Prior to joining PanCAN, he graduated from California State University, Long Beach and worked as a paralegal in an immigration office, where he learned the intricacies of case management and the importance of empathy. Today, As a Spanish-speaking member of the team, Juan draws from his own experiences growing up in his desire to serve this population.
“I am a first-generation kid whose parents immigrated to this country from Mexico, which has led me to empathize with and want to help the Spanish-speaking community,” he said. “I’ve always felt this sense that I want to help people. I always want to do what I can to be a better person.”
As part of our campaign celebrating Hispanic Heritage Month, we invite you to learn more about Juan and his work with PanCAN.
What is a day in the life like as a PanCAN Case Manager? What can patients and families expect when they give you a call?
As a PanCAN Patient Services Case Manager, we always meet patients where they’re at. Day to day is never the same. It’s always varied. If a person is recently diagnosed with the disease, we encourage them to reach out to PanCAN because we do provide a lot of information that’s helpful at the start. From then on, if they have a particular request, for example, say they want a list of pancreatic cancer specialists, then we can provide them with that information for anywhere in the U.S. We are happy to talk about clinical trials they find through our Clinical Trials Finder. Something that a lot of people aren’t aware of is our Know Your Tumor® service, where we’re able to cover the cost of biomarker and genetic testing through our partnership with Tempus.
With me in particular and a handful of our team, we also serve the Spanish-speaking community. We give them a little bit of extra support when it comes to having discussions with the doctor, because often either things get lost in translation or they’re not aware that they can ask questions during the conversation. I don’t want to speak for everyone, but with my culture specifically – my parents are Mexican – we’ve found that during a tough diagnosis, some people may shut down and not want additional support. With pancreatic cancer, this isn’t a situation you can confront alone. There’s a team. That support is really beneficial.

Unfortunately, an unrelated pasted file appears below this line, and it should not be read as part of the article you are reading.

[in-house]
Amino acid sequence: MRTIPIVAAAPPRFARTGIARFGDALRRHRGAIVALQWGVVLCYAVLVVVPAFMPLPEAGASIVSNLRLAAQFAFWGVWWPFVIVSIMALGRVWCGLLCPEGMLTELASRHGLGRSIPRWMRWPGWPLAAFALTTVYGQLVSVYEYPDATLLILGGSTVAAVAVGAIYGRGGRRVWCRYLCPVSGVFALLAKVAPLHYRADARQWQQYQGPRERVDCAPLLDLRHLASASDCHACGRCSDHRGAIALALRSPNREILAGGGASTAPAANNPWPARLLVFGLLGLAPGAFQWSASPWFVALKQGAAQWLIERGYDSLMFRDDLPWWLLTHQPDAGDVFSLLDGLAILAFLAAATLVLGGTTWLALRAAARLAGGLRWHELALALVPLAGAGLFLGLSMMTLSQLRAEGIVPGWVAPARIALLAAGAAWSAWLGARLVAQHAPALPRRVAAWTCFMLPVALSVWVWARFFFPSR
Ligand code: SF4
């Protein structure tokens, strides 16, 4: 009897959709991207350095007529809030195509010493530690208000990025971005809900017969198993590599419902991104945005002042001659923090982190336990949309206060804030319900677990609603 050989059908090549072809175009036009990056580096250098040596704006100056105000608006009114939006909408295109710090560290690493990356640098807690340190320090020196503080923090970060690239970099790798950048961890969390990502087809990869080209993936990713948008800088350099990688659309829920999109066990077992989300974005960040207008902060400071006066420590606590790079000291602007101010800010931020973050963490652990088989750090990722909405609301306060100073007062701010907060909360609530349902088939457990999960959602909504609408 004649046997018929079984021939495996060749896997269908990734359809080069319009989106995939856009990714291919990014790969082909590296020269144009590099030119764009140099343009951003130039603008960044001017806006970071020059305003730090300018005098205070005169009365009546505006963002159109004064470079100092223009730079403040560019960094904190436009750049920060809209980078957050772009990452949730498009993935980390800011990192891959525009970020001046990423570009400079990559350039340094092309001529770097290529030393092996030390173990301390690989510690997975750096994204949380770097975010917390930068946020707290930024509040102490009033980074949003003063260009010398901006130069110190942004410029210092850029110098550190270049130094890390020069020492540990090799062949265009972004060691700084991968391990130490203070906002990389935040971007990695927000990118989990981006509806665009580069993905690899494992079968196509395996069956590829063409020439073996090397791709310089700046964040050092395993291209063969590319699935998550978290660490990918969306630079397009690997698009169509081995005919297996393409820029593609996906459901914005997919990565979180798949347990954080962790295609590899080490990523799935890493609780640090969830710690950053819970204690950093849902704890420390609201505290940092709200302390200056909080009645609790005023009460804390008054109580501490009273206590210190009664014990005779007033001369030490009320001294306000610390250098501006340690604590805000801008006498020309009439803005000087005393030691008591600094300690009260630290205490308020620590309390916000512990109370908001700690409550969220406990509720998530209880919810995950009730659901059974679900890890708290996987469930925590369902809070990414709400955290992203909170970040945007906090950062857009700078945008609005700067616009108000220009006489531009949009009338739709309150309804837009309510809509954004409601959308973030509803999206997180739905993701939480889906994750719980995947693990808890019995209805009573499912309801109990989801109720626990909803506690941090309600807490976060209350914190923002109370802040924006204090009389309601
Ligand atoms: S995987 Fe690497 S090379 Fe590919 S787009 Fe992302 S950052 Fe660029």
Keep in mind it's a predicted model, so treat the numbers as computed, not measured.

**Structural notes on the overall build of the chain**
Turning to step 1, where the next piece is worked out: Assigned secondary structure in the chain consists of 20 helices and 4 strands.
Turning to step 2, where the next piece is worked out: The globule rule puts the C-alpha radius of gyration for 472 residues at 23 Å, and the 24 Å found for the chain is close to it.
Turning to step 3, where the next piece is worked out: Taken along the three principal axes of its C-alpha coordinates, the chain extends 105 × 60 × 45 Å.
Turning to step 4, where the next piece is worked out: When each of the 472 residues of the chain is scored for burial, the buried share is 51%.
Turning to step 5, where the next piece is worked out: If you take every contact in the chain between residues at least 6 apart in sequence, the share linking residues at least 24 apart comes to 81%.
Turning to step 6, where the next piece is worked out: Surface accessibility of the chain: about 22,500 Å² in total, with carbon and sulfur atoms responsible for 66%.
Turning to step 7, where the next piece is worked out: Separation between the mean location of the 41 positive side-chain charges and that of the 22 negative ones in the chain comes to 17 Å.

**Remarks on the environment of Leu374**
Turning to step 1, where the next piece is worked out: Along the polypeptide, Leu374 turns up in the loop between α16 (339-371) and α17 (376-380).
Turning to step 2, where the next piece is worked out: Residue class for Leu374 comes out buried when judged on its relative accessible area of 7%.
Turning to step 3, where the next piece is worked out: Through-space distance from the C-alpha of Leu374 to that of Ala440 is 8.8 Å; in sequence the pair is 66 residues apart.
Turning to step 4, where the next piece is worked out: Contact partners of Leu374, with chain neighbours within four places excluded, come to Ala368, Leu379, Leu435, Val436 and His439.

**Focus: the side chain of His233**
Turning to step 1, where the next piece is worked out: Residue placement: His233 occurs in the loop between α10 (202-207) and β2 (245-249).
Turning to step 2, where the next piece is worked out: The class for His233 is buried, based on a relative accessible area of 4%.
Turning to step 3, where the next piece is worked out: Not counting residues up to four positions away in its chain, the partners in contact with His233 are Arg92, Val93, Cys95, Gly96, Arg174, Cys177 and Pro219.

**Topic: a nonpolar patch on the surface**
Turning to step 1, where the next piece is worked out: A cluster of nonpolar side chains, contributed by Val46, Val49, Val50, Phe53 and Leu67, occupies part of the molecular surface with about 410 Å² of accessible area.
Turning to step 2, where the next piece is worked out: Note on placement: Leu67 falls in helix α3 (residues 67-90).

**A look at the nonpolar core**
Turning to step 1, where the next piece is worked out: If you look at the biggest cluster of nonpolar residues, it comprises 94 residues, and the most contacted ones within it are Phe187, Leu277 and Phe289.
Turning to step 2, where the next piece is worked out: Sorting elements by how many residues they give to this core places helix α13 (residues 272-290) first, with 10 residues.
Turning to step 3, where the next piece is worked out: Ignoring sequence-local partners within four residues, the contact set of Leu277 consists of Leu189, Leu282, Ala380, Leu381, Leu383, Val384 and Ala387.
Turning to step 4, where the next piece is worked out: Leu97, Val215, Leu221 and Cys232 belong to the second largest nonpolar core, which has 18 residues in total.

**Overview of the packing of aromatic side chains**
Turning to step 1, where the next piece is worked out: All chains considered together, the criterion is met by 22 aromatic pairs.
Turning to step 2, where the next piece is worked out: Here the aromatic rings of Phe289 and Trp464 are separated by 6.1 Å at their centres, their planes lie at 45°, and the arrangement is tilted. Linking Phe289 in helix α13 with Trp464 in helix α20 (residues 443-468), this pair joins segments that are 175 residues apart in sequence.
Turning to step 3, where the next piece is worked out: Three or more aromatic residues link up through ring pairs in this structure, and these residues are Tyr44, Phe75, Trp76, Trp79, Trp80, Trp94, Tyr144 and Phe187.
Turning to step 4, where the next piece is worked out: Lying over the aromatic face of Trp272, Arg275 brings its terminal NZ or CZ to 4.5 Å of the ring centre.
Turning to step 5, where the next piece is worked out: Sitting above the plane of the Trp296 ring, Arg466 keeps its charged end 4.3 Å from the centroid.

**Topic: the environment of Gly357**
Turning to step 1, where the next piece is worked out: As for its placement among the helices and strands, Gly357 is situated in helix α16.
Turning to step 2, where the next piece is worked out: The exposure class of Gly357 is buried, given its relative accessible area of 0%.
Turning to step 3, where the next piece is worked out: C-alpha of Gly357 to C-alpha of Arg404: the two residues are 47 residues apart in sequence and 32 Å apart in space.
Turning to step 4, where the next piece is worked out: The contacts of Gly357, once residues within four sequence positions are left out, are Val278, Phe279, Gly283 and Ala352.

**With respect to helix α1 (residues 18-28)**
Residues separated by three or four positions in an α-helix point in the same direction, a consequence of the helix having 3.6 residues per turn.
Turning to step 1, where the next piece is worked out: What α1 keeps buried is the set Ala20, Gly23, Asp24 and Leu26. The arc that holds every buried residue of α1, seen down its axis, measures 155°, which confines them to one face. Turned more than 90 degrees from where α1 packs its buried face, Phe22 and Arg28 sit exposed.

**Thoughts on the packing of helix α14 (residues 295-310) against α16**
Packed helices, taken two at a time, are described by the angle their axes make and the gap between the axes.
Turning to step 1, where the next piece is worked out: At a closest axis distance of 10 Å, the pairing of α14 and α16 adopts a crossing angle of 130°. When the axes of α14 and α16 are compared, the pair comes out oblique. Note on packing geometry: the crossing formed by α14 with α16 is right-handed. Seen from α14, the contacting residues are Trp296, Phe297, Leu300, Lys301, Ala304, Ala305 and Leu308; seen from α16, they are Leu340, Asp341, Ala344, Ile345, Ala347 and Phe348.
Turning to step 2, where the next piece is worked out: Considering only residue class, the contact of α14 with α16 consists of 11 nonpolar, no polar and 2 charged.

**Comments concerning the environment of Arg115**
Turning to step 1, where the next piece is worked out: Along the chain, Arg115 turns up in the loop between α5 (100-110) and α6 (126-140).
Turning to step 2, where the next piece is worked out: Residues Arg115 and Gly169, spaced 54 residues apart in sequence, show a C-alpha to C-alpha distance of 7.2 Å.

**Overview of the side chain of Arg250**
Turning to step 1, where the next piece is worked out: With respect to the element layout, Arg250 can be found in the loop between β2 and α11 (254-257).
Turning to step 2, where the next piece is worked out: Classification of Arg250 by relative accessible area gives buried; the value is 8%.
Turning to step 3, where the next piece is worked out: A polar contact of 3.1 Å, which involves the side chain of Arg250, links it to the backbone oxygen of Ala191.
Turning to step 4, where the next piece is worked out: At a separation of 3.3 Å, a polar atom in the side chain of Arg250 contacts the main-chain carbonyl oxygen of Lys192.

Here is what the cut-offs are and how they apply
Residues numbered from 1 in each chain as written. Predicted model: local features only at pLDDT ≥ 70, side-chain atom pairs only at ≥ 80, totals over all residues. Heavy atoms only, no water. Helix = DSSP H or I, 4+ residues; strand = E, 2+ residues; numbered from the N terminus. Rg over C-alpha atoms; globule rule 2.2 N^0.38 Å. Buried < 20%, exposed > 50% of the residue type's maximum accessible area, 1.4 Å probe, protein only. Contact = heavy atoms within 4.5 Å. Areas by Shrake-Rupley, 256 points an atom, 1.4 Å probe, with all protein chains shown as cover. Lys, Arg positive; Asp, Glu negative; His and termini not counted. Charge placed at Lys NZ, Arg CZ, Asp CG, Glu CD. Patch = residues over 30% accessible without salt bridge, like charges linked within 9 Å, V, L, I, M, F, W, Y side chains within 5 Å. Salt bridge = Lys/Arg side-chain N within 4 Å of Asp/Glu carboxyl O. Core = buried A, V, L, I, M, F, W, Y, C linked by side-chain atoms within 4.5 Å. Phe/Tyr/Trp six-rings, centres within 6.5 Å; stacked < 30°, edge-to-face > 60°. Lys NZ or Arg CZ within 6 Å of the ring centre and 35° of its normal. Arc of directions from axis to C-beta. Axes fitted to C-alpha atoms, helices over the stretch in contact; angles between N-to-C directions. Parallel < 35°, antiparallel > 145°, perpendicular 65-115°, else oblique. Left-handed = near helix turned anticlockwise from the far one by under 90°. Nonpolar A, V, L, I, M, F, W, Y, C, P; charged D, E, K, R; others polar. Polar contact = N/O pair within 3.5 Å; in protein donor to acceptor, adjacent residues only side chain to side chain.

Why is it so important to have members of the Patient Services team who are fluent in Spanish?
Having Spanish speakers on the team is important because the world doesn’t necessarily speak English. There’s a variety of languages, a variety of cultures. For an organization that serves the nation, language shouldn’t be a barrier to providing information to whoever we can. Personally, in my own family, we’ve experienced a lack of resources. We weren’t necessarily the most wealthy. My mother was a single mom, so we made do with what we had. When I was young, my grandmother was diagnosed with lymphoma and I watched my family navigate her illness. Maybe we could have reached out for support, but we weren’t aware of those resources because she couldn’t speak English. Since PanCAN has dedicated people who can serve the Spanish-speaking population, and we have Spanish language information on our website, we’re able to provide that assistance for people faced with pancreatic cancer. Then when they hear about our resources, they can talk to their friends and the community. Word of mouth is important.
What is PanCAN to you?
PanCAN is hope. PanCAN is endearing. And honestly, PanCAN is a north star for some people. It’s a guiding light in the sense that if people reach out for their first experience and they’re leaving the shores of this diagnosis, then they’re able to reach out to us and we’re able to provide them with a sense of direction. If someone is stranded in the middle of the ocean with all these treatment options, with all this information, again, we’re able to redirect the conversation, have them focus in on questions that they can ask their doctor. PanCAN is a lot of things. For many people, at the end of the day, PanCAN is empathetic. We’re real people.